The Ethics of Respect

I was betrayed by a senior level manager when I was just starting out at Intel where when at the last minute he withdrew his promised support of providing manpower to a critical project of mine that was set to rollout the following week. I was to learn later that he withdrew his support out of a perceived political expediency believing that his support would help him little if I succeeded and hurt him greatly if I failed.

He had listened to a false shaman – a technologist wannabe – who told him that six workstation conversions per man per day was the upper limit and that three hundred over the course of a single weekend was just plain impossible. The workstations were too complex: Too many variables as in too many things that could go wrong. And multiplied 300 times? It was reasoned a poor risk.

But I knew better. I had shamans of my own and I knew given his additional contributed manpower that the mission was imminently doable.

His betrayal came with a sneer. ‘You’re going to fail,’ he told me. I looked at him with thinly veiled contempt and said, ‘You just watch me.’ And then abruptly turned on my heels and walked away without as much as a backward glance.

I huddled up my guys and my chief shaman – loyal to a fault – assured me we would not fail. Not that we could not, but rather would not fail. So we recruited more guys and when the Saturday morning shutdown rolled around we all went to work.

I created a War Room where we tracked problems and progress on white boards. We worked all day, through the night and all the next day. And by 10 pm on Sunday we were finished. We had a few remaining problems but they were in the single digits and could wait until the following day. I ordered beer and pizza in and we all collapsed in a ring on the floor celebrating as we drank Intel’s beer and ate the company’s pizza.

Monday morning we all got a few attaboys, even the divisional VP sent around a congratulatory email and at some point he shook my hand and thanked me for what he had thought was an impossible job well done.

But our success was never really truly acknowledged in a manner more fitting to have done a damn near impossible job. Those types of conversions to SPARC workstations had never been done before on such a scale, nor in a 48 hour window. And the true reason for the mostly toothless thanks was of course political.

Why? Because the senior manager who had pulled back his support at the last minute pissed all over our success by quietly whispering in other senior manager’s ears that ‘we were lucky.’

Lucky? That tiny testiculated pompous undermining useless bastard. Lucky? I was seriously pissed about it at the time but there was little I could do.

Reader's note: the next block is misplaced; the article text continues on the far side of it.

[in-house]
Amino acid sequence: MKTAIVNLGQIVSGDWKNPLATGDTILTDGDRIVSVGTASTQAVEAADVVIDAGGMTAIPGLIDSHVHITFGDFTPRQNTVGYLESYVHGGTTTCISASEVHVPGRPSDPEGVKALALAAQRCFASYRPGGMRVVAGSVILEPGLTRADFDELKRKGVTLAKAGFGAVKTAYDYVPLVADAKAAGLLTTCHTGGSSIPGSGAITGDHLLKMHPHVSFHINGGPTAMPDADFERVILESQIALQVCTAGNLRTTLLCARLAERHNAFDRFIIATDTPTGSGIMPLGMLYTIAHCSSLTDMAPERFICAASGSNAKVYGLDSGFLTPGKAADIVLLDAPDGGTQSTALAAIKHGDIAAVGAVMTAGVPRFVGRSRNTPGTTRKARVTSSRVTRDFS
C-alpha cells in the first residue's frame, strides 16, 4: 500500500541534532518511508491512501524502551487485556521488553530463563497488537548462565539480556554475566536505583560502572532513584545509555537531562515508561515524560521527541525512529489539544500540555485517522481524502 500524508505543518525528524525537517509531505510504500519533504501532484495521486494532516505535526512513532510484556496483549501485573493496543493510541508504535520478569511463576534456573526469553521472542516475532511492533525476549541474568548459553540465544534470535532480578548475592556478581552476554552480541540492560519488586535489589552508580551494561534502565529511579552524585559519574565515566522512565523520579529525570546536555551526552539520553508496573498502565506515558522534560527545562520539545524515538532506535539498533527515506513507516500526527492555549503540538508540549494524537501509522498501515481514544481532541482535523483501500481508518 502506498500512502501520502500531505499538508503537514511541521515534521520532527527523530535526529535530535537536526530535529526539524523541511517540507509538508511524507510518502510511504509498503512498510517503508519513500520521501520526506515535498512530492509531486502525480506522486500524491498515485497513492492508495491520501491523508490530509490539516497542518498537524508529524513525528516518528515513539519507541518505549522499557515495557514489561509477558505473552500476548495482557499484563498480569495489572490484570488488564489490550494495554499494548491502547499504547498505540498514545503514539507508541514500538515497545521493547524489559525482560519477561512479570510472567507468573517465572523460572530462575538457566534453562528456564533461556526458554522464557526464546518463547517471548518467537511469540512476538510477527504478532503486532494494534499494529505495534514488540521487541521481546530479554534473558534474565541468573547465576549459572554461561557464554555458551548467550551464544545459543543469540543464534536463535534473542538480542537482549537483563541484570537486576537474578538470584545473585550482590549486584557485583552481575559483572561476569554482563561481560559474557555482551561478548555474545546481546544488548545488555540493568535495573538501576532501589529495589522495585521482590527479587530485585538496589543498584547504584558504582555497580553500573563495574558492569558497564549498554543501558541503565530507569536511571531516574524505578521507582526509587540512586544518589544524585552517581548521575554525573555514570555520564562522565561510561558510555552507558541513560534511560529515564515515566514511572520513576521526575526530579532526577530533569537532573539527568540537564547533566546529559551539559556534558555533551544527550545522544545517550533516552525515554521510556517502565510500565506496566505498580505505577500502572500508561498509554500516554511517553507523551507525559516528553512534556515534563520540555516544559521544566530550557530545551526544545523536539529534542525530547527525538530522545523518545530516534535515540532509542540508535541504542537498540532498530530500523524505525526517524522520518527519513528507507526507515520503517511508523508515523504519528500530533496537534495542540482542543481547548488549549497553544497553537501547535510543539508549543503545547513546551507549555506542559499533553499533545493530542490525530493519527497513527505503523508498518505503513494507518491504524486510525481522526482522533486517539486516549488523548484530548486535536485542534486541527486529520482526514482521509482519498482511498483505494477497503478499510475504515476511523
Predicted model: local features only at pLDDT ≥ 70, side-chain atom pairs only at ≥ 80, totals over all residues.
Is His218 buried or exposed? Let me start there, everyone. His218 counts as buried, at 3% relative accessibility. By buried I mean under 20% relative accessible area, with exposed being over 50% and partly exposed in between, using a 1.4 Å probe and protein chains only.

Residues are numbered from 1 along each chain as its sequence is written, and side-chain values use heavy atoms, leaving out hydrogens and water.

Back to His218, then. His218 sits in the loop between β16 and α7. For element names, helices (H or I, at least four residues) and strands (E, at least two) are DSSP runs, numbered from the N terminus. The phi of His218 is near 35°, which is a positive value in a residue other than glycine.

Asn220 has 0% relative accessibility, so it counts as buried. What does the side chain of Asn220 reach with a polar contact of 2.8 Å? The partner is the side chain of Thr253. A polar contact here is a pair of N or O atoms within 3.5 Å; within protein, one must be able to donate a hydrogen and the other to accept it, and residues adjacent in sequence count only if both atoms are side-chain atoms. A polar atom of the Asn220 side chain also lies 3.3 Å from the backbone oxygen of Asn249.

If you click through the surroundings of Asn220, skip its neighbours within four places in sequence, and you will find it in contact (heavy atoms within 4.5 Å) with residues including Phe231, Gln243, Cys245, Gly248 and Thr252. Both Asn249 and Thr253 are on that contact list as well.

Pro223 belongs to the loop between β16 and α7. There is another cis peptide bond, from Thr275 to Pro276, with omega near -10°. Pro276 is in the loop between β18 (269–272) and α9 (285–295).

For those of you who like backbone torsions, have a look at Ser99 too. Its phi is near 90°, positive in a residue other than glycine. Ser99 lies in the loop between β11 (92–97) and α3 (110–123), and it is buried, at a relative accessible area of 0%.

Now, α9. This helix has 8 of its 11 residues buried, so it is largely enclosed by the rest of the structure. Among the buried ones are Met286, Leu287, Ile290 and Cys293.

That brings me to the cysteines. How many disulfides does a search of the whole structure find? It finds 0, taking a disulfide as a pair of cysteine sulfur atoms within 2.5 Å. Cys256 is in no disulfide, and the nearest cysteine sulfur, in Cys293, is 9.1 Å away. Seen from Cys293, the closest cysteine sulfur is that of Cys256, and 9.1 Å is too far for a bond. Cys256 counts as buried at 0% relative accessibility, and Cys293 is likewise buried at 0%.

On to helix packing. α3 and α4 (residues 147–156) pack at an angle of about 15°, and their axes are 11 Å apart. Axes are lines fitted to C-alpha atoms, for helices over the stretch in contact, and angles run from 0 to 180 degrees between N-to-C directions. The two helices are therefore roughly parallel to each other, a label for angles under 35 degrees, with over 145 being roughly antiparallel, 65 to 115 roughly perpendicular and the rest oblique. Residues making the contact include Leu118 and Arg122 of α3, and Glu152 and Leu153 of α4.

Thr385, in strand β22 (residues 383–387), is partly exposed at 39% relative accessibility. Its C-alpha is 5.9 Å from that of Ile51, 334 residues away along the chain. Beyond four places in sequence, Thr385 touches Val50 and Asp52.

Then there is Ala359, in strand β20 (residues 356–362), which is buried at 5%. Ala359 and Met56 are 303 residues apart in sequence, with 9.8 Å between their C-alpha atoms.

Another contemptuous bastard of a manager once told me, ‘It’s not what you do here that counts. It’s the perception of what you do that really matters.’

As repulsive as I found that statement to be (both then and now) it certainly turned out to be true. Over the course of my 10 years at Intel that first betrayal would turn out to only be the first in a long line of what it was like to be kissed and lied to by upper management.

Company politics. Never understood it. Never practiced it. I should qualify I never understood it in the context of practicality. Yes, it might serve well in the military to sacrifice a pawn or a knight to advance the army down the field but intercompany warfare – while it might exist – is counterproductive to profitability. And company politics as played by management damages moral and runs completely contrary to the manager’s true mission ‘to remove obstacles and free the workers to do their job.’

And I could never understand how one could put extraneous irrelevant factors ahead of the mission at hand. To me as an engineer, the project came first. A solid design: well tested, well executed, and under budget were always my guiding mantras.

And I always believed that ‘sometimes it better to ask for forgiveness than to ask for permission.’ And Dave Hudock and I were the first two guys to [ever] install a productional router within any/all of Intel Corp. We didn’t ask, we just did it. I caught hell for it but yes, Dorothy, routing quickly replaced bridging. So while history proved us right, being pioneers was still a political no-no.

I had good teachers so I suppose the drive to do what was best for the project was born from being part of that last generation of old school engineers – slide rule/pre-computer guys – who grew into the profession doing calculations longhand. I was part of those last few Texas trained university engineers who were committed to the discipline because it was [still] a profession for honorable gentlemen.